Compossibility (posts 3 and 4)
The two questions of whether restrictions on liberty could be justified in order to prevent harm, and of whether the choice of greater liberty for all would be rational, both turn on the Kantian question of the conditions for the joint possibility (or compossibility) of individual wills freely exercised. We know from experience that societies can function on the basis of a shifting balance of freedom and coercion; the question is whether there is a coherent and non-arbitrary solution to the problem, a framework of basic rights or liberties which will tend to produce social harmony out of the free independent actions of individuals. Hart’s comments suggest that, in his view, Rawls has assumed that his model has this virtue but has not demonstrated it.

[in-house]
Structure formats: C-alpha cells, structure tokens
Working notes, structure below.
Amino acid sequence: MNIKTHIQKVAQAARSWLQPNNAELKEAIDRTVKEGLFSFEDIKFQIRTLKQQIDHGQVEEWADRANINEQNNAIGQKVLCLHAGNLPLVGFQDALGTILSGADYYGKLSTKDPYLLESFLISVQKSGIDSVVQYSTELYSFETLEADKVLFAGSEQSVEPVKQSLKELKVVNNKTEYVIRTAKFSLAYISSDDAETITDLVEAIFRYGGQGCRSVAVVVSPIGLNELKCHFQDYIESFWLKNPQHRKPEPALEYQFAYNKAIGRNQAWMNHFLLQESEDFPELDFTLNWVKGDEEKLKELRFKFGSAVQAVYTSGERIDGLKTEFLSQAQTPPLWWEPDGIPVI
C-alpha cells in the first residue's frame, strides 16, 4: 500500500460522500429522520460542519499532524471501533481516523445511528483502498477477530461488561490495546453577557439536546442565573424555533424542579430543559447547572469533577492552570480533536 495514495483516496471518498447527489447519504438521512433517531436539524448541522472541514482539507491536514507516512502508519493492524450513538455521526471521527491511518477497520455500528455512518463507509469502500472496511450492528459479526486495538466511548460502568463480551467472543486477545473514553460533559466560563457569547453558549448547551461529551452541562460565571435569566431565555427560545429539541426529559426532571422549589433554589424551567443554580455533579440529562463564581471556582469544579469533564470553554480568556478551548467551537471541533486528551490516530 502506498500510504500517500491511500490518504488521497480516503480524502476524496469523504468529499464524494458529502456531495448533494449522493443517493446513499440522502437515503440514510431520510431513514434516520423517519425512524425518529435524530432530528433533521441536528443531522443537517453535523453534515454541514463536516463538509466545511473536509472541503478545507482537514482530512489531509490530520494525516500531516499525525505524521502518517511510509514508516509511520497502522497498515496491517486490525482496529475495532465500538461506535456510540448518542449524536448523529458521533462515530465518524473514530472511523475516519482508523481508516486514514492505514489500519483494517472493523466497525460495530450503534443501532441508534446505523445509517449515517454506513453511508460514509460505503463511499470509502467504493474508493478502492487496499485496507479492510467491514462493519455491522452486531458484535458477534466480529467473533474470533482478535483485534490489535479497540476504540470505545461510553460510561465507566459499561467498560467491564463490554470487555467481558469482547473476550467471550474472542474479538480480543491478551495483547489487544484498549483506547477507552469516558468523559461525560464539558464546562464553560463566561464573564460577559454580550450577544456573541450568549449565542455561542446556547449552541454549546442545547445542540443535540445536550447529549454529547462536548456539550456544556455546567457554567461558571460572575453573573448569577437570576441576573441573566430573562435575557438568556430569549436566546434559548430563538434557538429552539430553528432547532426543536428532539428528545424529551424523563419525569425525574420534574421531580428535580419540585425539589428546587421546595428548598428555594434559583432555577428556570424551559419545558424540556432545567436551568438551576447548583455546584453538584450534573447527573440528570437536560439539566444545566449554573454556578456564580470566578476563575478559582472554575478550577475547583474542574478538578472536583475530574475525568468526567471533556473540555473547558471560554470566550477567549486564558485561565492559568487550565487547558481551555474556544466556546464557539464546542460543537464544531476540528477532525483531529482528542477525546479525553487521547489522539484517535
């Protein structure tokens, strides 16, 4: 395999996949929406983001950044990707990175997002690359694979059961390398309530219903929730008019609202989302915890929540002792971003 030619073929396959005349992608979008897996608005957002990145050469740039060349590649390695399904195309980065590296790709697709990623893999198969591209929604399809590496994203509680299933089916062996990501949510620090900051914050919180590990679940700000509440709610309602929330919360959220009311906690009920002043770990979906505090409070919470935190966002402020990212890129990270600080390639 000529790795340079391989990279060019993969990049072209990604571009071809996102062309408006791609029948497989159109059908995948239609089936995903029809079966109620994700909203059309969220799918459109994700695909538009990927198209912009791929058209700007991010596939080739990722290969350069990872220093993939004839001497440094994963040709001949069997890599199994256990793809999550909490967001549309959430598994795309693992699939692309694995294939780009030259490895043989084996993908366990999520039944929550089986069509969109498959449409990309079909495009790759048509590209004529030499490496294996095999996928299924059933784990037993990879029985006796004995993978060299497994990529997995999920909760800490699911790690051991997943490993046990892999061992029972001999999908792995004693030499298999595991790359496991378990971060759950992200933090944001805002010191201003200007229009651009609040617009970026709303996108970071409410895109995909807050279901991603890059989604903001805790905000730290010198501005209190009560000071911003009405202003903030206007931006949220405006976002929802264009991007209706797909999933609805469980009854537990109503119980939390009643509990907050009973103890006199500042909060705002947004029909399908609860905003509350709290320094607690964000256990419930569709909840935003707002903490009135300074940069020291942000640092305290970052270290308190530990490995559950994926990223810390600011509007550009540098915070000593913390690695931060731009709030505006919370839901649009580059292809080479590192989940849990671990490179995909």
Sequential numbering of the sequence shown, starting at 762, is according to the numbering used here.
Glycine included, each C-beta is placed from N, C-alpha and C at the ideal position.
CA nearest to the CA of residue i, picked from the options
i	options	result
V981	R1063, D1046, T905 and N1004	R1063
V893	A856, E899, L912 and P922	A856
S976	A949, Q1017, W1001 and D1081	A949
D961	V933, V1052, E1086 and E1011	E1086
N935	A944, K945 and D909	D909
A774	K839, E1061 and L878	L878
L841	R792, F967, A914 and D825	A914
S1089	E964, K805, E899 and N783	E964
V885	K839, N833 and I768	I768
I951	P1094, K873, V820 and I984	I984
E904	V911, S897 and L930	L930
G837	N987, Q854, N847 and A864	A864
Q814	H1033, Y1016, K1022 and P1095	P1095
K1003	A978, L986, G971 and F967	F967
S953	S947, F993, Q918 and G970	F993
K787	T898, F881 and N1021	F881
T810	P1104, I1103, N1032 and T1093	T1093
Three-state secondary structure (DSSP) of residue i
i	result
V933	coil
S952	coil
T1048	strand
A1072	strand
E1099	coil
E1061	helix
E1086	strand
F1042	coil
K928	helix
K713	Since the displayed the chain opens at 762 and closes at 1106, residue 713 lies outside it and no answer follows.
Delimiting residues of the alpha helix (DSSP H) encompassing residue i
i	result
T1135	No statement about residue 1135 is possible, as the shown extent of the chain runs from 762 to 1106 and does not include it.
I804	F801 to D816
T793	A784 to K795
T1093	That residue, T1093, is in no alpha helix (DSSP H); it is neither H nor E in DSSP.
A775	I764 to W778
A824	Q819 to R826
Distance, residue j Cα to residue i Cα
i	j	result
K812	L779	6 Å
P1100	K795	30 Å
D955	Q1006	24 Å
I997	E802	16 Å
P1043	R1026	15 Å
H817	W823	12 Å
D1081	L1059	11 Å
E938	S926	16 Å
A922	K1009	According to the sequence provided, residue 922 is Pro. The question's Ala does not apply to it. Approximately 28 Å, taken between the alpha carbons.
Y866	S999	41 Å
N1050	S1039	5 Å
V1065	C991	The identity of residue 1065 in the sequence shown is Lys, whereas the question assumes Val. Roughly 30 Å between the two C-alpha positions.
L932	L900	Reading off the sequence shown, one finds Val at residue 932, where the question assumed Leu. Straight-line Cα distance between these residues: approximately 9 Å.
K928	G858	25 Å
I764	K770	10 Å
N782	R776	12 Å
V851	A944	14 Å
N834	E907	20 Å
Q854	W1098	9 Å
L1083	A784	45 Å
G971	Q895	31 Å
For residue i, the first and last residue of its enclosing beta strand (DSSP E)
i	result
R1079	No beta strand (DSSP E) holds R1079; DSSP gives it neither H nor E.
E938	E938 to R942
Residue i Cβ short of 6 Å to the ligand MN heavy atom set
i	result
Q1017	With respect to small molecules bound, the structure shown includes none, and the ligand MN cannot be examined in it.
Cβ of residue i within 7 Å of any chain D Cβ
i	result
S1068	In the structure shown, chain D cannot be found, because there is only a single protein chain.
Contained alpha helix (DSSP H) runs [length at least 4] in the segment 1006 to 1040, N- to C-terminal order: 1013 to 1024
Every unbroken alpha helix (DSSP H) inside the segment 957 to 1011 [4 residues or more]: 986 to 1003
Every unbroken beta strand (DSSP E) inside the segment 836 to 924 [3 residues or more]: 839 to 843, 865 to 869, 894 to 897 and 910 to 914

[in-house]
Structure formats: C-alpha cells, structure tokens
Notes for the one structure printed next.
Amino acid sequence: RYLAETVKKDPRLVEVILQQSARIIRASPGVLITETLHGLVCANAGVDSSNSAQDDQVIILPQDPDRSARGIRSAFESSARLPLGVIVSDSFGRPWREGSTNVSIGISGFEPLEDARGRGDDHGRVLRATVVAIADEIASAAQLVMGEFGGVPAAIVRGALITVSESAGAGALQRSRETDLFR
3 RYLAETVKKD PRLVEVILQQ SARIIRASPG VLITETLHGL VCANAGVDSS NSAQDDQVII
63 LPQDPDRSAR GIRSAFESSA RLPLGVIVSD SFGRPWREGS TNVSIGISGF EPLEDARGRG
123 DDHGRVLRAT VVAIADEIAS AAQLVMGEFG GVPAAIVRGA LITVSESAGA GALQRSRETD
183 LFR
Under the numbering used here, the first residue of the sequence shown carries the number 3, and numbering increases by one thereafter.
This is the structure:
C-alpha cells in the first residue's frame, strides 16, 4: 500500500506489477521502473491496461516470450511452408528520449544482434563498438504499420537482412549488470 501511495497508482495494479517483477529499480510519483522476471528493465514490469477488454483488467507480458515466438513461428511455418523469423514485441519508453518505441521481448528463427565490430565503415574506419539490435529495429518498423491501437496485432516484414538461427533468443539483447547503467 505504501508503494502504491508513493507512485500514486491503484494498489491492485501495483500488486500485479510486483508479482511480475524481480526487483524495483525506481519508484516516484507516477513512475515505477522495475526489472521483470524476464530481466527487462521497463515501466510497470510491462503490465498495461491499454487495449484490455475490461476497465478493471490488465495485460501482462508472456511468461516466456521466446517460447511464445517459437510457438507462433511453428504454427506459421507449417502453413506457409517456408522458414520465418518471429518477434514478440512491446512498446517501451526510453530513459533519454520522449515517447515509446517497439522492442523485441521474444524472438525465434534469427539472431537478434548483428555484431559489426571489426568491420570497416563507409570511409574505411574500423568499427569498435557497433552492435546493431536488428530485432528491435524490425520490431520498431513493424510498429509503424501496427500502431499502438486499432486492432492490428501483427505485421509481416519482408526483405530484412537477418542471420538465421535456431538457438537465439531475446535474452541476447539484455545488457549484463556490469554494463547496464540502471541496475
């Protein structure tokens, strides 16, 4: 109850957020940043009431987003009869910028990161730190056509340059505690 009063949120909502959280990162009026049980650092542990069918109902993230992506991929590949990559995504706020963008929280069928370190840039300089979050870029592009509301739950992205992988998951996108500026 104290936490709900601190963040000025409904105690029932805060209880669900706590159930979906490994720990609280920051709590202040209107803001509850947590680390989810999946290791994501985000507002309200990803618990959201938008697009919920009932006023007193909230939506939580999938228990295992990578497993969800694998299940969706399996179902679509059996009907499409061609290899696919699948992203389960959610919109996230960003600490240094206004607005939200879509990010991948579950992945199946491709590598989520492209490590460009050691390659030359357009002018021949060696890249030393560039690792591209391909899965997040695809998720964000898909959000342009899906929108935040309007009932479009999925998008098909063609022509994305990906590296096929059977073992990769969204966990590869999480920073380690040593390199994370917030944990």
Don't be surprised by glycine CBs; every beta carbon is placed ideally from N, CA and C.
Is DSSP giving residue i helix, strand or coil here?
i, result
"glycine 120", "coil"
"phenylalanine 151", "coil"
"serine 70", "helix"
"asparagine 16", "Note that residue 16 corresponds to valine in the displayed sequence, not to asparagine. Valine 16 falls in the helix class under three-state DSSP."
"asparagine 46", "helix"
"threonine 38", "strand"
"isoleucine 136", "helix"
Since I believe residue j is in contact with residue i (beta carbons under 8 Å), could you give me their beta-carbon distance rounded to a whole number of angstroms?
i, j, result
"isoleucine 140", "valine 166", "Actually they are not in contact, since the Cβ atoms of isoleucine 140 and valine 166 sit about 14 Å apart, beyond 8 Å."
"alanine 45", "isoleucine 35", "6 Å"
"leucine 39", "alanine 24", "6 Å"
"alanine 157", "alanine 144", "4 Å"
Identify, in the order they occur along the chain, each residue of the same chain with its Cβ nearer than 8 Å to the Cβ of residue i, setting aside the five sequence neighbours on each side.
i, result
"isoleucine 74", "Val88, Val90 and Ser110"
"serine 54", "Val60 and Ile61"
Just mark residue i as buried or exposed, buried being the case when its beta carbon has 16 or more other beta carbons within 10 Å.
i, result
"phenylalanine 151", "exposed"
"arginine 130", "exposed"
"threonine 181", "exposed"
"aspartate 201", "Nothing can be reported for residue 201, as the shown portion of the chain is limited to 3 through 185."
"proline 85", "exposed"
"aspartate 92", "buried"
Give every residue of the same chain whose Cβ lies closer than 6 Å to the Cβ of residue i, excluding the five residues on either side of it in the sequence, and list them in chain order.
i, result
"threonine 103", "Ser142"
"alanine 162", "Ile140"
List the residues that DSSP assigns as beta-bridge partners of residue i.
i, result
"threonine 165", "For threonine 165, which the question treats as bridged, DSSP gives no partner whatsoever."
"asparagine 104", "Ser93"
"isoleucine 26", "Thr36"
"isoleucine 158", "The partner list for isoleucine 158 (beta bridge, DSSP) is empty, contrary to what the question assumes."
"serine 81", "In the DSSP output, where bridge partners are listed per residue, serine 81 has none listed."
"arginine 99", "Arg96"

Rawls’s answer to this point is, once again, to invoke the ‘significance’ of the basic liberties and their exercise. The point, in other words, is not to maximise liberty or liberties, but to create those conditions which are best created by the exercise of the basic liberties. It follows that a balance between the basic liberties, and hence the limitation of particular (less significant) liberties, is an integral part of the model. The basic liberties are both self-limiting and mutually limiting: to the extent that a liberty furthers “the full and informed and effective exercise of the moral powers”, to that extent it will tend to be protected over and against liberties whose exercise is less significant.